One dark night, a young mendicant knocked on the door of a house.
"Yes?" asked the old woman caretaker who opened the door. "What do you want?"
"Would you have a spare room to put me up for the night?" asked the beggar.
"Normally we wouldn't mind and wouldn't turn you away, but you wouldn't want to spend the night here."
"Because this place is haunted! Besides, the owner has recently died, and there's no one else here but me and a young lady lying ill in bed. Do you still wish to spend the night here?"
"Why not? I'm not afraid of ghosts," replied the beggar.
"All right . . . you've been warned. Suit yourself. Come in."
The beggar entered the house and was shown a spare bedroom.
"This will do nicely." He thanked the old woman and lay down to go to sleep.
Around midnight, the young beggar was woken up by voices. He got up to investigate. The voices were coming from the main hall. Instead of going over there, he opened the window and climbed up onto the roof, where he could easily look down and see the main hall.
And there they were.
From his vantage point, he spotted four ghosts, cavorting, raising a ruckus in the main hall.
He could see them, but apparently they did not notice him. Maybe he didn't see where he was stepping, or maybe he craned his neck too far to get a good look. In any case, he lost his footing and fell right off the roof.
He landed into a vat of lime powder, such as that which is used to prepare plaster or whitewash. He emerged bathed in white powder from head to foot. The ghosts looked at him and stepped back, afraid.
"Who . . . Who are . . . y-you?" one of the ghosts asked.
This young vagabond and beggar was quick-thinking, so he replied in a booming voice, "Who am I? Why, I am the White Grandfather of Penglai Mountain! Now, each of you . . . one at a time . . ."
The ghosts all together dropped to their knees and faced the beggar.
"Who or what are you?" the beggar asked the first ghost.
"I . . . I am the spirit of a cleaning cloth, Grandfather . . ."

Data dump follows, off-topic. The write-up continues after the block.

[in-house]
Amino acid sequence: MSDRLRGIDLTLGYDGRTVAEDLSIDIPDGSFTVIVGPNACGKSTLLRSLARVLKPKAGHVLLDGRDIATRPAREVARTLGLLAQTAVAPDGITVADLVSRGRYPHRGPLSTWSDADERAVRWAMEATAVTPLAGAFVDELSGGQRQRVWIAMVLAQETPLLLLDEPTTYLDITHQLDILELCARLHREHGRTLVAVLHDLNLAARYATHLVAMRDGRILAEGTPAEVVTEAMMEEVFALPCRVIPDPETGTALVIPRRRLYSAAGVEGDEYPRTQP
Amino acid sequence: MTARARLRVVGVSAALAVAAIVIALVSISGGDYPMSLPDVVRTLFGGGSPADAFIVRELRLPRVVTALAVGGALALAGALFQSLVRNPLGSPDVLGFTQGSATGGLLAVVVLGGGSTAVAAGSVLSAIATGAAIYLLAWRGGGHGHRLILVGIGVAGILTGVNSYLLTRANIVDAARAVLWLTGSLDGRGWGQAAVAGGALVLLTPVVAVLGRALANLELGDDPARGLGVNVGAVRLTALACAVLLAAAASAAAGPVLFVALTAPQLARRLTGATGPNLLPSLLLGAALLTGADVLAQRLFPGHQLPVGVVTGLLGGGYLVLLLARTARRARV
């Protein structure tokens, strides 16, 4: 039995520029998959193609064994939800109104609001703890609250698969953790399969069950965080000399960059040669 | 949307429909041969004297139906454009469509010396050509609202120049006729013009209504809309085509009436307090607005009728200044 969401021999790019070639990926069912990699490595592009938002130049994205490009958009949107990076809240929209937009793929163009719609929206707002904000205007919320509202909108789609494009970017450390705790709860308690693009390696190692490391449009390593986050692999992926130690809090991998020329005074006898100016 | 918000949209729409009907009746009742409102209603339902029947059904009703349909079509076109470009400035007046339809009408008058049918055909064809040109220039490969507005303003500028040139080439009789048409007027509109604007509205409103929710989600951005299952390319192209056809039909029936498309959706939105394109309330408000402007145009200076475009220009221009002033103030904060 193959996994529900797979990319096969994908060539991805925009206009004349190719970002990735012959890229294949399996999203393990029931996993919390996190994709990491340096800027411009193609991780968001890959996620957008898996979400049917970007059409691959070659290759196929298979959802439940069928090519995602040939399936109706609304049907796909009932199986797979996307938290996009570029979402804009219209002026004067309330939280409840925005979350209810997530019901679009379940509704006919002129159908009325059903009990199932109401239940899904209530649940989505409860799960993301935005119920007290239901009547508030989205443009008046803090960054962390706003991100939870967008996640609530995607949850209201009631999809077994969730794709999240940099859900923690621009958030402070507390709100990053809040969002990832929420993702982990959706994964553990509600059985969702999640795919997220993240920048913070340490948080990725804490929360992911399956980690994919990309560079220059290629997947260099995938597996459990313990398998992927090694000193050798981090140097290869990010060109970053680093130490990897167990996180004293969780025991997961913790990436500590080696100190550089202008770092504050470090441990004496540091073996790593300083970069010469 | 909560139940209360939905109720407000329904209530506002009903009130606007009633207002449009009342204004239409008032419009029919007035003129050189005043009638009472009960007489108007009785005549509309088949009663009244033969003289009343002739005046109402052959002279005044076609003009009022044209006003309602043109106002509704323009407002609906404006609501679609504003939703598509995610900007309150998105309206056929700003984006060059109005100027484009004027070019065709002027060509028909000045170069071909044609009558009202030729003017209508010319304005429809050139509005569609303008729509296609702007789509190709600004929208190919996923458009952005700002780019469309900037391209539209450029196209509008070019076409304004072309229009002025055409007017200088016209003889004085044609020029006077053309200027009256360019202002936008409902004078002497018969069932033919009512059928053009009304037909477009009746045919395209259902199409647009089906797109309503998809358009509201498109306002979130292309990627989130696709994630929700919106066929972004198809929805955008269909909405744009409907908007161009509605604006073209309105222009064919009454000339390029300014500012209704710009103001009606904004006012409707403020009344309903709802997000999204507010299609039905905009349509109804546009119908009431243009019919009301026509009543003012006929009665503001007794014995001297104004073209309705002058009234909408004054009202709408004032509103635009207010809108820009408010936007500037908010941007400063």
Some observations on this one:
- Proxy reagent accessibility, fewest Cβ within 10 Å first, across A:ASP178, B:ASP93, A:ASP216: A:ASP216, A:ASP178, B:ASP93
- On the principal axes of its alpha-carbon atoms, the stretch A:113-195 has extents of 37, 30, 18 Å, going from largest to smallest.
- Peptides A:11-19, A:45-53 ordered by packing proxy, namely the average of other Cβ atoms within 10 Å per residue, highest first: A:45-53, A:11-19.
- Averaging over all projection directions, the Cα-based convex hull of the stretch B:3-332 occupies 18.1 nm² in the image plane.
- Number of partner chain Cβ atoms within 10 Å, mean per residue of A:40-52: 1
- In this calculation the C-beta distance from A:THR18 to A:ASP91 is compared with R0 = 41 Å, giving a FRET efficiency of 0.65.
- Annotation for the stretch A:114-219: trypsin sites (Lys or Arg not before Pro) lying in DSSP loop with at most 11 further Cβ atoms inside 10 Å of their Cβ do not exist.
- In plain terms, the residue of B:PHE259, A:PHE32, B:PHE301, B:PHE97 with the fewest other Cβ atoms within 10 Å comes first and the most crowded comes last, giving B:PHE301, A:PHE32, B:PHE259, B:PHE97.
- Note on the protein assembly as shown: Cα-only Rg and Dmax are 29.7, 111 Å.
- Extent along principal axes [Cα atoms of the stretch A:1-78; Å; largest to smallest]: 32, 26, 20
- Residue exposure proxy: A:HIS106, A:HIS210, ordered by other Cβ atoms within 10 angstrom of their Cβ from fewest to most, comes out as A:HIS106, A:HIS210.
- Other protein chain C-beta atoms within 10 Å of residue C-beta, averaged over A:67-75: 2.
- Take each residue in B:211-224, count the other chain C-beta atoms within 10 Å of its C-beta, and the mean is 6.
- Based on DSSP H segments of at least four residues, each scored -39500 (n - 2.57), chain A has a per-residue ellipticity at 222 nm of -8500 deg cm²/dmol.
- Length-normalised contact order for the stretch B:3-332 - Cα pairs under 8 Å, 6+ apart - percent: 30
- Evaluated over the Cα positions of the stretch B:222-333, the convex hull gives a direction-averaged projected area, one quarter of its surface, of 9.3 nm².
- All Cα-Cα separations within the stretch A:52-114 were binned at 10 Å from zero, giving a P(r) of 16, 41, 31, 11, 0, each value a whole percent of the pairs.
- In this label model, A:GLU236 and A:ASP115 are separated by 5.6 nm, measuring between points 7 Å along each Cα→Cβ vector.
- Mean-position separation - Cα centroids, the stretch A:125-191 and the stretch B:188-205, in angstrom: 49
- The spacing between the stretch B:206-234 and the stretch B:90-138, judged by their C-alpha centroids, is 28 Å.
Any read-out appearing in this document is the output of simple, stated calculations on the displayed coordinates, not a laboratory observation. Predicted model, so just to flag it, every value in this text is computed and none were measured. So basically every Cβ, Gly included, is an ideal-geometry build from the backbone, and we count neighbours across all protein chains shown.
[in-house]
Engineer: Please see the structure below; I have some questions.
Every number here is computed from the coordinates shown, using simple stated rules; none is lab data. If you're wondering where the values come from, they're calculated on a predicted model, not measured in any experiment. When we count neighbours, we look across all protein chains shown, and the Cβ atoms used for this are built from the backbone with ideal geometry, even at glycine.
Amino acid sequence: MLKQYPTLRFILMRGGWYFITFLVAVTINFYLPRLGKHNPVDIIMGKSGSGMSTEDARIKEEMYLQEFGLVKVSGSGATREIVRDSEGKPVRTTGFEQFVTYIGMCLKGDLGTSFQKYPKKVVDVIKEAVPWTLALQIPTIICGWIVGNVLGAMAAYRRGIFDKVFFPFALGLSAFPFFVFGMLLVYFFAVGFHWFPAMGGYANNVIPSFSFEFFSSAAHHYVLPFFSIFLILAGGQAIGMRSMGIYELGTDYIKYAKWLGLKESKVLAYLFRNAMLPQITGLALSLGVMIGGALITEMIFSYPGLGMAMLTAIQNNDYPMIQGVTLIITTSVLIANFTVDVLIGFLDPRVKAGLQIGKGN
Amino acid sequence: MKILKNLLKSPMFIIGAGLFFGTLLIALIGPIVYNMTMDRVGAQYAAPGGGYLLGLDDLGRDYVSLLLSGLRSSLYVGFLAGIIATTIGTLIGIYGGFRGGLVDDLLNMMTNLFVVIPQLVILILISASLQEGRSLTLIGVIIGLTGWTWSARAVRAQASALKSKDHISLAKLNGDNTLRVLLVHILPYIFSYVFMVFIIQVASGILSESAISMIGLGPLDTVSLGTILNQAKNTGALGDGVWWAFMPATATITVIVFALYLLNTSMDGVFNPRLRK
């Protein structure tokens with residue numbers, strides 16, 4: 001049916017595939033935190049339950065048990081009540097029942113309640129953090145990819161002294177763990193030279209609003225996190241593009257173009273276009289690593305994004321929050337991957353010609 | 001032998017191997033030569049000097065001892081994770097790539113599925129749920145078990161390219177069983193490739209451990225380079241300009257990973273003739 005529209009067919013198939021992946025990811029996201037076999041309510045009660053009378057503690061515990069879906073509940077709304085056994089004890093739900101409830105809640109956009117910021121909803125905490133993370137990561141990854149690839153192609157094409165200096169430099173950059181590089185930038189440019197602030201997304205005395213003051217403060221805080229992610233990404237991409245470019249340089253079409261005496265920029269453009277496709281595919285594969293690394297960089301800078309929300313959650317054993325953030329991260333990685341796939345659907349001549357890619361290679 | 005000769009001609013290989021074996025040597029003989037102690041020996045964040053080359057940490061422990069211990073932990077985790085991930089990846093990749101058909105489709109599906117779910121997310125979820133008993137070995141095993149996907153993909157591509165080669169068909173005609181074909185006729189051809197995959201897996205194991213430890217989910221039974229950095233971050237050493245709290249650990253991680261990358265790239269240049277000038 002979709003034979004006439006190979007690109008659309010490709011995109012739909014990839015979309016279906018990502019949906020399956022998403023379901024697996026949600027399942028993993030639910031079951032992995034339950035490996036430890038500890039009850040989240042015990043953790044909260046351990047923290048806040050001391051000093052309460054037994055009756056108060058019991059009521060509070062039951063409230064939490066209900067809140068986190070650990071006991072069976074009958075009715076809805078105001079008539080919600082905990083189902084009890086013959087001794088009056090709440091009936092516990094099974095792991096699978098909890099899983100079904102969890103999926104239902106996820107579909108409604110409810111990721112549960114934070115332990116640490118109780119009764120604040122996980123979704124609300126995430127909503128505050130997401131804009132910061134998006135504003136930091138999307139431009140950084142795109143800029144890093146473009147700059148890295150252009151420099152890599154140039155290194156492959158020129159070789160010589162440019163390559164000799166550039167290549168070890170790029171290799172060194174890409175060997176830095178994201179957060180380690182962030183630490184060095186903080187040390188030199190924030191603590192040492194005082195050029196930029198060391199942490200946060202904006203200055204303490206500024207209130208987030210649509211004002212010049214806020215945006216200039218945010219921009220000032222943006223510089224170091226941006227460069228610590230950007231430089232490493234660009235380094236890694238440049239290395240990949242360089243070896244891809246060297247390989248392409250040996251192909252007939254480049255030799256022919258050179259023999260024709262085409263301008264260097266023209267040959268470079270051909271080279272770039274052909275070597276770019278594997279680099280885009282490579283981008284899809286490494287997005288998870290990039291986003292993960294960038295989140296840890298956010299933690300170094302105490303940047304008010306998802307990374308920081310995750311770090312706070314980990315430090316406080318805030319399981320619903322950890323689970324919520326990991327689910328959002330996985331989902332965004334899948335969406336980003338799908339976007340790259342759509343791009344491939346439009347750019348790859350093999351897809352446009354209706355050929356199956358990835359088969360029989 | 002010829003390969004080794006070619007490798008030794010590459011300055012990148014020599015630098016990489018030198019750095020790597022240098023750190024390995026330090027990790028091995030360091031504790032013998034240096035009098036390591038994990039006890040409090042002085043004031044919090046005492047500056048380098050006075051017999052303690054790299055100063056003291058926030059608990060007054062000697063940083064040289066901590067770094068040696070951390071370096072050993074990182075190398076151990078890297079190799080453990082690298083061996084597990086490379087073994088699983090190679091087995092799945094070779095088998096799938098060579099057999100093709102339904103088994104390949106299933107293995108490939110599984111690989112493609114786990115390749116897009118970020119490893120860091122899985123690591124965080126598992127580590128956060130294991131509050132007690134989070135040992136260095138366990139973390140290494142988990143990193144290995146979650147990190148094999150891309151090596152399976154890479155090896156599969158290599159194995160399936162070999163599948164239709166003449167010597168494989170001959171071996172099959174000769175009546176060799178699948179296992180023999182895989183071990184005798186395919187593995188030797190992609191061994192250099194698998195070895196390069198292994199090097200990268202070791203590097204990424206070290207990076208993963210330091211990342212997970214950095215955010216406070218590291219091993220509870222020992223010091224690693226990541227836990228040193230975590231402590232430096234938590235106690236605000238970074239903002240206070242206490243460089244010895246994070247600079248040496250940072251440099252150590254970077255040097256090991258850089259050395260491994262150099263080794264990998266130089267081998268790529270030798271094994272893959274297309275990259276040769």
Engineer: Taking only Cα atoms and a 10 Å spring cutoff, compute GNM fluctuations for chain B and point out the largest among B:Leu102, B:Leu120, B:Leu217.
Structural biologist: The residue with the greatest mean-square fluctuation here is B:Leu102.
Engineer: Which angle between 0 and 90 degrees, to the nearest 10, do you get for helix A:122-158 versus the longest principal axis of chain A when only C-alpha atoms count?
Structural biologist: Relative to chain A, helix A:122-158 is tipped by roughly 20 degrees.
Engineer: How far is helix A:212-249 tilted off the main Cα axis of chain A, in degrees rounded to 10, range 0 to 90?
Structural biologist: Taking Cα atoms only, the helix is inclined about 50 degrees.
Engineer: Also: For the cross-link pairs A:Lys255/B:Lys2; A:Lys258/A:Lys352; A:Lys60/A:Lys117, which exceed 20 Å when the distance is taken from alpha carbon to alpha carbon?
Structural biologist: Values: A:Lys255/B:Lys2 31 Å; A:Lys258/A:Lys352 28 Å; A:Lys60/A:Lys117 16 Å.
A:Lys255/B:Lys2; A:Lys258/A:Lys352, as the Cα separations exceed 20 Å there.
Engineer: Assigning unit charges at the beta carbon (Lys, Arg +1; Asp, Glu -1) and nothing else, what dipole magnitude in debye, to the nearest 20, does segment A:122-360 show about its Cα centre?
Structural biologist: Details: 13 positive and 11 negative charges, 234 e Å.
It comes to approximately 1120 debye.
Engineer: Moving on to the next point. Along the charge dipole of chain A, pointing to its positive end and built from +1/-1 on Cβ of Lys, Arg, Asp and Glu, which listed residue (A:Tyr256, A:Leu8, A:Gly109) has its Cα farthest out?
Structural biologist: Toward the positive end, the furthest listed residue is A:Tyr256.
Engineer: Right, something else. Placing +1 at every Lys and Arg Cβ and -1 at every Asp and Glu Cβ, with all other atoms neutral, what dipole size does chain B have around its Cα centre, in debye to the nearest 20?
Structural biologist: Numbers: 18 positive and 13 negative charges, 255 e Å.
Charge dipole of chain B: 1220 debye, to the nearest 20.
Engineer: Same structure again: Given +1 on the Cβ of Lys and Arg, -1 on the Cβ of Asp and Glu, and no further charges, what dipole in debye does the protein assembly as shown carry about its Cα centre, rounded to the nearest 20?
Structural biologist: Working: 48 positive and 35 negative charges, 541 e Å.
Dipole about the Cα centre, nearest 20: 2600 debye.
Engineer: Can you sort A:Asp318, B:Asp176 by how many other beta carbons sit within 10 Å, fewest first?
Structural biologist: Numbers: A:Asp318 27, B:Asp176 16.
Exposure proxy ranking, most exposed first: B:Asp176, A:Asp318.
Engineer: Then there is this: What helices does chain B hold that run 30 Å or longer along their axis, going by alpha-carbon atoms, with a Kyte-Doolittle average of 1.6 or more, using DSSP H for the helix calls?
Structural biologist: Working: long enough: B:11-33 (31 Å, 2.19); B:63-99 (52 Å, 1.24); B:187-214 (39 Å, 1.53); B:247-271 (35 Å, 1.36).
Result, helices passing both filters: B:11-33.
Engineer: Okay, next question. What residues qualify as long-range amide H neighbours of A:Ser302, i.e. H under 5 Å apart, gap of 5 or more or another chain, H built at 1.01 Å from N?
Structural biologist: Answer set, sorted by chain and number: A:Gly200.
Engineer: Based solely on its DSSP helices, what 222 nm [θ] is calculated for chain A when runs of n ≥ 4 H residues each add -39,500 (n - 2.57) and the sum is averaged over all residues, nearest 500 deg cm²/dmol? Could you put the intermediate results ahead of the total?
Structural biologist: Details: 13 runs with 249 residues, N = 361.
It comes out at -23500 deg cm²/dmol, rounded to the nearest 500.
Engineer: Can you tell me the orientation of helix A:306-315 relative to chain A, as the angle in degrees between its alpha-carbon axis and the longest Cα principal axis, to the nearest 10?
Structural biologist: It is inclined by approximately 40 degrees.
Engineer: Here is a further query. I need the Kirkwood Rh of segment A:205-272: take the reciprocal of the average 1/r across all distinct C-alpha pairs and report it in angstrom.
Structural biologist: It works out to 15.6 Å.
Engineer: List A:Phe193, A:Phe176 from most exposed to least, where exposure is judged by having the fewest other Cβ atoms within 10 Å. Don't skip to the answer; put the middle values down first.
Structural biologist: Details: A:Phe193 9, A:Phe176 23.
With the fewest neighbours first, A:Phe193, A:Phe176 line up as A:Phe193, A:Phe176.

"And you? Who or what are you?"
"T-The bamboo whisk b-brush, G-Grandfather . . ."
"The b-broom, Grandfather . . . "
"All right. And you over there?"
"The tortoise, Grandfather . . ."
"I see. Very well."
Morning finally came, and all was still in the house.
The beggar informed the old woman who watched over the house what had happened and how to rid the house of the ghosts.
"It's quite simple," he said. "Gather up the cleaning cloth, whisk brush, broom and tortoise shell." After she had done so, he added, "Now, take them outside and burn them!"
She did and the ghosts never returned again. What's more, the young lady bedridden by illness, the daughter of the late owner, completely recovered. The young beggar was asked to stay on, and before long he wed the house owner's daughter.
Gu Xijia. 中国民间故事类型研究 [Research in the types of Chinese folktales], Liu Shouhua, ed; Wuhan: Huazhong Shifan, 2002; pp. 288-299.
This is an ancient tale with a widespread distribution. It belongs to the Chinese classification of "Catching Ghosts in a Haunted House" 凶宅捉鬼. , and belongs to folktale type AT326E, which Chinese-American folklorist Nai-tung Ting labels "Fearless Man Defies Demons in the Haunted House" (Folklore Fellows Communication No. 223, A Type Index of Chinese Folktales, p. 58). Gu has reconstructed the ur-form of the tale presented above. Other variants with other settings exist.
The story hints at the death of the owner and his daughter's debilitating sickness as being tied to the hauntings. This would be in keeping with traditional Chinese ghost lore. Penglai or Pengcai Mountain was reputed to be the abode of immortals in the middle of the sea. It is not clear as to whether an actual tortoise or just the shell is burnt. Of course, I hope it was the latter . . .
An interesting motif also found in Japanese folktales is the animation in the form of spirits of lifeless objects (e.g., broom, cloth, etc.). Professor Noriko T. Reider identifies such haunted or spirit-animated objects as tsukumogami 付喪神, or to use her English translation, "tool specters." (Gu Xijia just identifies the objects as jingguai 精怪，normally defined as "demons" but here differentiated from "ghosts" as former "animals, plants and other objects" now transformed into spirits .) The idea here is if a (normally) inanimate object could attain an old enough age, it would then become animated by a spirit now housed within it (see Noriko T. Reider, Animating Objects: Tsukumogami ki and the Medieval Illustration of Shingon Truth. Asian Folklore Studies 64, p. 207. ). For another story of tool specters, see "The Abandoned House," the first story in "Ghost Stories From Ancient China--Series Two," 5/04/09.
Motifs: E265, "Meeting ghost causes sickness"; E265.3, "Meeting ghost causes death"; E281, "Ghosts haunt house"; E293, "Ghosts frighten people (deliberately); E431.13, "Corpse (objects) burned to prevent return; E432, "Ghosts deceived"; and E530ff, "Ghosts of objects."
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